Wednesday, May 19, 2010

Cut in policyholder's bonus

Read the letter.

My comment.
This criticism is not confined to one insurer. Many insurers have cut their bonus during a difficult time but are rather slow in restoring their bonus when the market recovered. This is unfair to policyholders, especially those whose policies have matured while the bonus are still not restored.

I agree with the call to MAS to investigate if the insurers have been fair in their treatment of the policyholders.

To avoid this type of unfair treatment, the public should invest in a low cost investment fund, which is transparent and give a better yield, over the long term. This is explained in my book, Practical Guide on Financial Planning.


Anonymous said...

Every time agents sell insurance, they use high PROJECTED returns.

To me PROJECTED can also be associated with luck and hope.

Anybody place great trust in luck and hope?

If people trust projected but it turned out to be greatly different (negative of course), then the only way is to sue. And trust that they will win their case.

Anonymous said...

Insurance agents usually show the projected amount at 25th year but NEVER tell you the RETURN.Why? because they won't disclose the miserable return. Yes, it is luck and more often than not it is unlucky because NO COMPANY, not even ntuc has ever delivered the projected amount. It is magic stone
style pitch which the agents know that they CANNOT honour.Therefore , the agents MUST warn the customers that it is for SHOW only to con some gullible and dummy consumers into buying. Unfortunately, they will tell the customers as if it is guaranteed. (body language and words implied that). This has to be stopped.
For example: at the roadshow ntuc agents pitch their single premium endowment product as FIXED DEPOSIT implying no loss of capital in the early years and there is gain every year and 4.0% return guaranteed.This is misrepresenting and misleading. More seriously this Growth will NOT deliver as projected and at best it can deliver at 3.5%.
There is nothing wrong to show this figure but it MUST come with a caveat and the customer must be told clearly that it has NEVER delivered as projected but it MIGHT this time. Informed decision can be made based on sufficient information. The truth is the information is always half truth half lies.
MAS talks of informed decision
but most customers cannot make because it is not easy to digest information by an untrained person in such a short time. Therefore MAS must make sure there are safeguards to protect the consumers from insurance agents who have no intention of giving accurate and full disclosure. Did the agents go through the whole quotation/benefit illustration with you let alone explain everything to you?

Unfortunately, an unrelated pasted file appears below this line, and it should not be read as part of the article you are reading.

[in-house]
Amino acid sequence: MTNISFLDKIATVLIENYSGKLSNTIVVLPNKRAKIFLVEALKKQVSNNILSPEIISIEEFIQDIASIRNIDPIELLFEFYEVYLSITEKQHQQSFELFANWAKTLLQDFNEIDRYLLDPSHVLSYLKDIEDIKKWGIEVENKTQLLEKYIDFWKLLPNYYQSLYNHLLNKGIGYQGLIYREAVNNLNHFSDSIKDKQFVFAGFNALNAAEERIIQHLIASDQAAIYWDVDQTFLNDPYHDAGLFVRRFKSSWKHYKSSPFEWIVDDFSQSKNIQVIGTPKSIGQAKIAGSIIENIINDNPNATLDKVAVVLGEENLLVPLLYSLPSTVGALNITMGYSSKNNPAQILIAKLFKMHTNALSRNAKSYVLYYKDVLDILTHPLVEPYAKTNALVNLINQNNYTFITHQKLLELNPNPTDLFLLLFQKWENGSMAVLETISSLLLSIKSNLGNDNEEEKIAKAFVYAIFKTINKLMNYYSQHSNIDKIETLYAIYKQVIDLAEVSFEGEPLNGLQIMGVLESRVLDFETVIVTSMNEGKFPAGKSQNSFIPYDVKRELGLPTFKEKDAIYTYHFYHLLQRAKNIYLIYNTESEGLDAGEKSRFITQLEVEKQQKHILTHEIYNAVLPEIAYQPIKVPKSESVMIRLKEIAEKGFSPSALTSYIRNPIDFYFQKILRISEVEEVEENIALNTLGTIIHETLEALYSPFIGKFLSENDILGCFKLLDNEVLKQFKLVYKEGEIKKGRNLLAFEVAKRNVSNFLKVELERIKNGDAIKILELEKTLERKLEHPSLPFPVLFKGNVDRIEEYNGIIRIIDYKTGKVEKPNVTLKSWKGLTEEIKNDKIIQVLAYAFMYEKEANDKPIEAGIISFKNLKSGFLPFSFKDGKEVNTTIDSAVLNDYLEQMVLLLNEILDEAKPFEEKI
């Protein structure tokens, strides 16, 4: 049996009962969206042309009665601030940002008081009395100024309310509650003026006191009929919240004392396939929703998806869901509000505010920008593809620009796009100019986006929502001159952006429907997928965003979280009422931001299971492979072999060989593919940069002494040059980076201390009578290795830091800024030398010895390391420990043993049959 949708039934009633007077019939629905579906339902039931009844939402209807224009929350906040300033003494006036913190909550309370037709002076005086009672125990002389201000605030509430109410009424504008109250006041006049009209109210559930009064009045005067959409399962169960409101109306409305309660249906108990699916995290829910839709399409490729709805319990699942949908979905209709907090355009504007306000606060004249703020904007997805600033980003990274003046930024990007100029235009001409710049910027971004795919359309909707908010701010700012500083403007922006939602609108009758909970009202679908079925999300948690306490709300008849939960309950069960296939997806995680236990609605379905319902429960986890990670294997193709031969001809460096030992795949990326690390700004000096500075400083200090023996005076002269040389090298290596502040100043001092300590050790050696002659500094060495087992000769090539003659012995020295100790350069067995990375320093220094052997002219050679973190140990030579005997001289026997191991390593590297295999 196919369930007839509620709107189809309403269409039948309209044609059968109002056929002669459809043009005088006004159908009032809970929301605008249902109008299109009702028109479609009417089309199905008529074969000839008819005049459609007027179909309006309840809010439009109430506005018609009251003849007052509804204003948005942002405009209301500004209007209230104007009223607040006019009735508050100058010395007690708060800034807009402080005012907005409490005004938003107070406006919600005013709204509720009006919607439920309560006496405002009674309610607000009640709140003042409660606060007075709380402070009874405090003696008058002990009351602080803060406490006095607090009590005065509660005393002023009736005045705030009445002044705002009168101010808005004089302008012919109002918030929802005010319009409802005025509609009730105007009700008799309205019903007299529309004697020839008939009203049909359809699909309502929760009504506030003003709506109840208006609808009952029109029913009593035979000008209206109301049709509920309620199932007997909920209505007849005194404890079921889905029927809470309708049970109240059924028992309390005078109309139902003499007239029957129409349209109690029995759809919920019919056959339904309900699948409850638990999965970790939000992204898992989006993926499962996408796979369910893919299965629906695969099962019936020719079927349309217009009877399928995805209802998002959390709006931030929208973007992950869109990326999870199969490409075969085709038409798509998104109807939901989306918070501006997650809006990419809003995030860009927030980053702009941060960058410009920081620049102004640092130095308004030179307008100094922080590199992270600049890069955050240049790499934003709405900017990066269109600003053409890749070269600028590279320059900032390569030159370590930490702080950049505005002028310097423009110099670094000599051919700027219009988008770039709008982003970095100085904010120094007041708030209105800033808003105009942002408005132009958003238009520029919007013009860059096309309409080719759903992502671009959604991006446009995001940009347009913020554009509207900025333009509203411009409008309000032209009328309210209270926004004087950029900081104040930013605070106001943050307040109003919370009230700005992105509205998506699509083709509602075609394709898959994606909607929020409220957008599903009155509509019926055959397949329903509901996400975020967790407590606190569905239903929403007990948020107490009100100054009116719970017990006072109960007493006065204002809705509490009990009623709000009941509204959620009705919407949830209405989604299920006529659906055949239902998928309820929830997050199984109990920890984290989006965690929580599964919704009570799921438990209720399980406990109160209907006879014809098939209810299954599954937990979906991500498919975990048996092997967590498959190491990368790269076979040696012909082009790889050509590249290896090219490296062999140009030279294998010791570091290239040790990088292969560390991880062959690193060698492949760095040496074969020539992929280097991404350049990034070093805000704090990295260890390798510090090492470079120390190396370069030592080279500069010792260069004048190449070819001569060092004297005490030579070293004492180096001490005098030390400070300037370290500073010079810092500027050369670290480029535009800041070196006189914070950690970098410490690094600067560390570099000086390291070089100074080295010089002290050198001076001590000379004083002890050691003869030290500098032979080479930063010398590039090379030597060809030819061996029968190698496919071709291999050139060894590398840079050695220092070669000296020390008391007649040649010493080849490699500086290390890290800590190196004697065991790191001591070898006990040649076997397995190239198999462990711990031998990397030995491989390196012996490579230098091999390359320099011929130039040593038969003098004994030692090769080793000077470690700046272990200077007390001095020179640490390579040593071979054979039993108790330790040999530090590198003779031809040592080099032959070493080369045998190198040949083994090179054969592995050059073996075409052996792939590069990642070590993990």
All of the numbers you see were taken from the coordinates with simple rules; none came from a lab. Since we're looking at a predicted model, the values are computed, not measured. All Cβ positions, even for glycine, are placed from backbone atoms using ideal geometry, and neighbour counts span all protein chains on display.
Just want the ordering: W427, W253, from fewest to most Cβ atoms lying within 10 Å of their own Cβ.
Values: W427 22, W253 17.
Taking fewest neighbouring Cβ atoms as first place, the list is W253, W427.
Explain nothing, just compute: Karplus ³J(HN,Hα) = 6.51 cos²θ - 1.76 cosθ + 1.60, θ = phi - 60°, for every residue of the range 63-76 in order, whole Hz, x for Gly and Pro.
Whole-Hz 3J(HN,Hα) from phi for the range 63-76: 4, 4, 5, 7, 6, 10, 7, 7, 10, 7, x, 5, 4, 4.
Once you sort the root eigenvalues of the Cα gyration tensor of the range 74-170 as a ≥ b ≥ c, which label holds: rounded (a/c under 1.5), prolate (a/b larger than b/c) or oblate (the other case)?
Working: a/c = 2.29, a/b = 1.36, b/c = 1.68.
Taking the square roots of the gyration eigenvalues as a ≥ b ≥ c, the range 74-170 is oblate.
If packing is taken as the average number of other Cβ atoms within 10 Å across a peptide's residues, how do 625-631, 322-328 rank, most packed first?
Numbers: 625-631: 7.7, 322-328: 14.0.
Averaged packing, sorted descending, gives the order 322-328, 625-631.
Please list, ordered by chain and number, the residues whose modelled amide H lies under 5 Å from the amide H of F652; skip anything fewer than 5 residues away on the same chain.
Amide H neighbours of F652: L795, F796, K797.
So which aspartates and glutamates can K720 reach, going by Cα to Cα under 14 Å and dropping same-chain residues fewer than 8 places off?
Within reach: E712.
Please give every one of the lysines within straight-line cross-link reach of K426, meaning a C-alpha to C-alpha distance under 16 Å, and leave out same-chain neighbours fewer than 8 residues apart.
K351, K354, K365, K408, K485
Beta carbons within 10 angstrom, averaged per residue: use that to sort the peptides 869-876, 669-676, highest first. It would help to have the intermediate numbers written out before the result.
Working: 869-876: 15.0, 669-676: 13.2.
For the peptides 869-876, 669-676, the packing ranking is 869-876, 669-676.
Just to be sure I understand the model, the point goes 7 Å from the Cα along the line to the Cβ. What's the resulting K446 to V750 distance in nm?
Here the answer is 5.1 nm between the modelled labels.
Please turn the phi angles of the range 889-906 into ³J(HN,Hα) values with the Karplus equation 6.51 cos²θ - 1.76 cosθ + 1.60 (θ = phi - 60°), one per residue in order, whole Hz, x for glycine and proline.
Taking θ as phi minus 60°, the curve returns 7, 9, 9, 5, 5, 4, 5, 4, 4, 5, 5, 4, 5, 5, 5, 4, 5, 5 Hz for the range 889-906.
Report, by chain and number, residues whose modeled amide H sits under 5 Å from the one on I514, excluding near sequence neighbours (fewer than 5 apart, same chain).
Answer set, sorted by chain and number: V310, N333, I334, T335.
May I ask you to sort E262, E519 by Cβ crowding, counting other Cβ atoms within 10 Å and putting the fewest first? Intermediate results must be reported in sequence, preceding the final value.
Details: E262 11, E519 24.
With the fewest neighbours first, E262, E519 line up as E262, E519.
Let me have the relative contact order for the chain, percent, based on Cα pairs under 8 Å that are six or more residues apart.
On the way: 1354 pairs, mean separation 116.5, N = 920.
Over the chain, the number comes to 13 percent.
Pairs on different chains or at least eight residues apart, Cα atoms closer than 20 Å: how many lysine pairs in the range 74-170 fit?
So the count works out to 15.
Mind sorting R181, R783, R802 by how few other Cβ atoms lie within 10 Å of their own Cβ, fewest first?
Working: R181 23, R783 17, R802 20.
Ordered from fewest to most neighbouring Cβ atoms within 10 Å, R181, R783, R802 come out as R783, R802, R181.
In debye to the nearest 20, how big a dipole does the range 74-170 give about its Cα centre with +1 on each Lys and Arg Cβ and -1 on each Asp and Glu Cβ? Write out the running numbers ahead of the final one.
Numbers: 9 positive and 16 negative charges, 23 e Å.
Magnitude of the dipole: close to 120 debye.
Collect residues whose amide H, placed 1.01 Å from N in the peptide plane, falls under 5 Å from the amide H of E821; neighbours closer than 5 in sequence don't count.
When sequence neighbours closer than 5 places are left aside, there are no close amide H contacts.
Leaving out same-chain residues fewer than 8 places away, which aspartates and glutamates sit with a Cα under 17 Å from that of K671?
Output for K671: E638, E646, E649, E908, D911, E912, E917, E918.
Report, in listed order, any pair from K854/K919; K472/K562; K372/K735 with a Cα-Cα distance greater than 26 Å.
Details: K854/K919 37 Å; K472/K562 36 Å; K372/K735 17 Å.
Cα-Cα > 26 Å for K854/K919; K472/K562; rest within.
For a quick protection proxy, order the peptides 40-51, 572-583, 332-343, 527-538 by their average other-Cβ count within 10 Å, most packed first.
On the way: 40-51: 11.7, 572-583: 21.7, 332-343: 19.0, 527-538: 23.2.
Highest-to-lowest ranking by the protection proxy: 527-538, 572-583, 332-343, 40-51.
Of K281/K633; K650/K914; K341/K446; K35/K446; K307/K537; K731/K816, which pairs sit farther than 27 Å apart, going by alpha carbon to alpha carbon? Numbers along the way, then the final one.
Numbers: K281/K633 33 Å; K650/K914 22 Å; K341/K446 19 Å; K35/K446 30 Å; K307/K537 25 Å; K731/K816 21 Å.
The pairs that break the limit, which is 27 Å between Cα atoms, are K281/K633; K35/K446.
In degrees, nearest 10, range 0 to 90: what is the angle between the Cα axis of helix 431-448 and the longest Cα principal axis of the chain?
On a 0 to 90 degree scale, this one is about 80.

Selling is exactly about half lies and half truth to confuse the consumers as if they are the truth.
Trust is eventually the key to buying decision and not on information but unfortunately trust is always betrayed by insurance agents.

Anonymous said...

One year ago, Greateastern came up with a 3-year single premium policy taht my agent said would pay us two over pecent p.a. till maturity.
After signing I noticed that part of the payout is projected only, and when I asked about it, she said so far Great Eastern projection is paid out on expiry, the Company never go back on their words.
I would never buy any more from this agent, or from Great eastern ever. I am going to stay clear of insurance products for a long, long time.

Anonymous said...

Anon May 19, 2010 10:59 AM,

did the agent put in writing in the fact find form that the "projection is paid out on expiry" ? if he or she did you can take it up with the company to demand full return and as said or MAS. This is misleading and it is cheating. Anything that is not true is cheating.

Anonymous said...

that one insurer has no more right to call itself a cooperative when it joined the rest on the pretext of industry practice. In fact is is no longer one.

Anonymous said...

my 21-year-endowment policy is maturing in Jan 2011. Last year policy statement(for financial year ended 31 dec 2008)shows the 'projected' maturity value for my policy being cut by more than 10%. Last week I received my statment for financial year ended 31 dec 2009, the maturity value is still 'projected' same as last year. ie no upward revision given the improved financial situation in 2009. As my policy is maturing soon, am I greatly disadvantage because of the present 'poorer' economy?? Mr Tan, is this fair? Please advise.


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